Russell Tice, a longtime insider at the National Security Agency, is now a whistleblower the agency would like to keep quiet.
For 20 years, Tice worked in the shadows as he helped the United States spy on other people's conversations around the world.
"I specialized in what's called special access programs," Tice said of his job. "We called them 'black world' programs and operations."
But now, Tice tells ABC News that some of those secret "black world" operations run by the NSA were operated in ways that he believes violated the law. He is prepared to tell Congress all he knows about the alleged wrongdoing in these programs run by the Defense Department and the NSA in the post-9/11 efforts to go after terrorists.
"The mentality was we need to get these guys, and we're going to do whatever it takes to get them," he said.
Tice says the technology exists to track and sort through every domestic and international phone call as they are switched through centers, such as one in New York, and to search for key words or phrases that a terrorist might use.
"If you picked the word 'jihad' out of a conversation," Tice said, "the technology exists that you focus in on that conversation, and you pull it out of the system for processing."
According to Tice, intelligence analysts use the information to develop graphs that resemble spiderwebs linking one suspect's phone number to hundreds or even thousands more.
Tice Admits Being a Source for The New York Times
President Bush has admitted that he gave orders that allowed the NSA to eavesdrop on a small number of Americans without the usual requisite warrants.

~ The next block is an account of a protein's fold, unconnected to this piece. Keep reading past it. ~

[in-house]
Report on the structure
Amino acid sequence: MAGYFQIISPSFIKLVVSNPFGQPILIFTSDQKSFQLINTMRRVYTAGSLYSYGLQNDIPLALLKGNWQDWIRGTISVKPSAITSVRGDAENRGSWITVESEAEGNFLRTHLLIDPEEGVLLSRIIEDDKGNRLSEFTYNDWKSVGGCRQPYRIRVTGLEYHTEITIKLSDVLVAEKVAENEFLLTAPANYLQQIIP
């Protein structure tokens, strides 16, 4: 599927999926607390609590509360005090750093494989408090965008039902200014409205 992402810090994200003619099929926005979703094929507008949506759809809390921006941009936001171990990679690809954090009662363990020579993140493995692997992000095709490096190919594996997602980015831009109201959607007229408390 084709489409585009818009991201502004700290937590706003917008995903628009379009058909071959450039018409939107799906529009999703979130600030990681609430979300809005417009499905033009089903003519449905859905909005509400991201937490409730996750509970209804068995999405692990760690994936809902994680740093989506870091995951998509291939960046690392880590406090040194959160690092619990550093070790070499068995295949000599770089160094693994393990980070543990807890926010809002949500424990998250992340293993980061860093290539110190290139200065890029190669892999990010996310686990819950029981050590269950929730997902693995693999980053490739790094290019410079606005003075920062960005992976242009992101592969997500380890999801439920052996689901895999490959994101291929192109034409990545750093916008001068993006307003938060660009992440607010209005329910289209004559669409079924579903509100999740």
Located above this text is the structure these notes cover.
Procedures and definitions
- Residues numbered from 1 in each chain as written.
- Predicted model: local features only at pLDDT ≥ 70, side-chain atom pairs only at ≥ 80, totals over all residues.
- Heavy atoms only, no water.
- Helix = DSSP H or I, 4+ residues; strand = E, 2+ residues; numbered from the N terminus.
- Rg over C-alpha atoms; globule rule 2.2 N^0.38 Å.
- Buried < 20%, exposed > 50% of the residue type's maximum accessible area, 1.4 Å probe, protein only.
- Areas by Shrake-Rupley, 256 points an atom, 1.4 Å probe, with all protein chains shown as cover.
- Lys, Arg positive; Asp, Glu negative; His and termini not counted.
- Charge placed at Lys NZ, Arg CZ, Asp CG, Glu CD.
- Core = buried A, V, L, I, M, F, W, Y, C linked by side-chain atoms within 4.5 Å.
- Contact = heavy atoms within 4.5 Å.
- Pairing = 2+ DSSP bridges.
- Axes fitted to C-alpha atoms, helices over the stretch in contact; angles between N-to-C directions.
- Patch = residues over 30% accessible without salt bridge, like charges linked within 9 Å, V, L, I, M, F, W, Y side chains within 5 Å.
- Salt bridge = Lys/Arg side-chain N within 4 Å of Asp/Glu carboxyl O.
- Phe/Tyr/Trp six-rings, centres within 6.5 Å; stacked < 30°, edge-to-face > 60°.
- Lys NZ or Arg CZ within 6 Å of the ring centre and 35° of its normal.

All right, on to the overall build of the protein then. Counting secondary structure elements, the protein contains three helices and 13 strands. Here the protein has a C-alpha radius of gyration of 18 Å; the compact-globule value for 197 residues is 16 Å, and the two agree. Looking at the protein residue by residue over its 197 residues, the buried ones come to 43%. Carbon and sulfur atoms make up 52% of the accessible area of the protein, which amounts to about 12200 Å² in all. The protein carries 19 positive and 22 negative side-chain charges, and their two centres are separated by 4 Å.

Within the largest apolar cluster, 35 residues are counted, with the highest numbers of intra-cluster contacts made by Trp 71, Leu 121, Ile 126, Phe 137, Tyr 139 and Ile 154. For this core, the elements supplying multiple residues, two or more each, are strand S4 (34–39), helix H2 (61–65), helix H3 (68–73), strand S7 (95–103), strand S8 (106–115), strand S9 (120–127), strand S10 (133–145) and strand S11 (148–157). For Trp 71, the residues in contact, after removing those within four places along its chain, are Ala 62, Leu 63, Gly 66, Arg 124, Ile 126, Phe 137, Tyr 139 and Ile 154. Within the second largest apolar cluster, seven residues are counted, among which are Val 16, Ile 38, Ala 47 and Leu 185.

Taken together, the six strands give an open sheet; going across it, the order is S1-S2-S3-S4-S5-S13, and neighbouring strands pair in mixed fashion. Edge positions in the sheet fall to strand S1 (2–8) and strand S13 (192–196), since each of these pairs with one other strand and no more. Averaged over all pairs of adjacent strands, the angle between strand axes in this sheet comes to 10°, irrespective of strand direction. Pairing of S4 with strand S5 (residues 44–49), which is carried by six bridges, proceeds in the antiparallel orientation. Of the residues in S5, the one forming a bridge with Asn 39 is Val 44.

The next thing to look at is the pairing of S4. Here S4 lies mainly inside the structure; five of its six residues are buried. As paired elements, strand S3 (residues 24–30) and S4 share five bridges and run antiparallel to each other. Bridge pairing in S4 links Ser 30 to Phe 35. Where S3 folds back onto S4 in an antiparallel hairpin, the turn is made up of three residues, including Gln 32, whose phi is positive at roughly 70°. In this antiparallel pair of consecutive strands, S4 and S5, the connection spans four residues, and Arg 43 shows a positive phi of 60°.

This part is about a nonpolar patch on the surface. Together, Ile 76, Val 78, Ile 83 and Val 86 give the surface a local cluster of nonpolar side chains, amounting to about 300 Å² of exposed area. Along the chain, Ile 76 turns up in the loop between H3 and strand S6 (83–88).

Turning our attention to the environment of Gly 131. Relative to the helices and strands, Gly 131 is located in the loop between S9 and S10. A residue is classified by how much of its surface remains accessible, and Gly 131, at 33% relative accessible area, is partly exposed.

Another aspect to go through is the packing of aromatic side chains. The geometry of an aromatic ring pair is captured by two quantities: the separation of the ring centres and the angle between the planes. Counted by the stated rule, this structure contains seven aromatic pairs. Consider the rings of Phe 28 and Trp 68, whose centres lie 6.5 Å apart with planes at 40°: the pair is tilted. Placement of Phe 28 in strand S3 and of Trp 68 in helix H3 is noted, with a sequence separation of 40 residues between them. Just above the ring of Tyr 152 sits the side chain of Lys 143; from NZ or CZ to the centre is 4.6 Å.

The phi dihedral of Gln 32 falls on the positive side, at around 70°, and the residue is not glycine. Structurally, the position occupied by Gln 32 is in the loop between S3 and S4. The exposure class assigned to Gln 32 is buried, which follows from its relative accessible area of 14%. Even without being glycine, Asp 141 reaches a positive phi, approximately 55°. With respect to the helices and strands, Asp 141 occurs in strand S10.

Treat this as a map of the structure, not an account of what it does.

But Tice disagrees. He says the number of Americans subject to eavesdropping by the NSA could be in the millions if the full range of secret NSA programs is used.
"That would mean for most Americans that if they conducted, or you know, placed an overseas communication, more than likely they were sucked into that vacuum," Tice said.
The same day The New York Times broke the story of the NSA eavesdropping without warrants, Tice surfaced as a whistleblower in the agency. He told ABC News that he was a source for the Times' reporters. But Tice maintains that his conscience is clear.
"As far as I'm concerned, as long as I don't say anything that's classified, I'm not worried," he said. "We need to clean up the intelligence community. We've had abuses, and they need to be addressed."
The NSA revoked Tice's security clearance in May of last year based on what it called psychological concerns and later dismissed him. Tice calls that bunk and says that's the way the NSA deals with troublemakers and whistleblowers. Today the NSA said it had "no information to provide."
ABC News' Vic Walter and Avni Patel contributed to this report.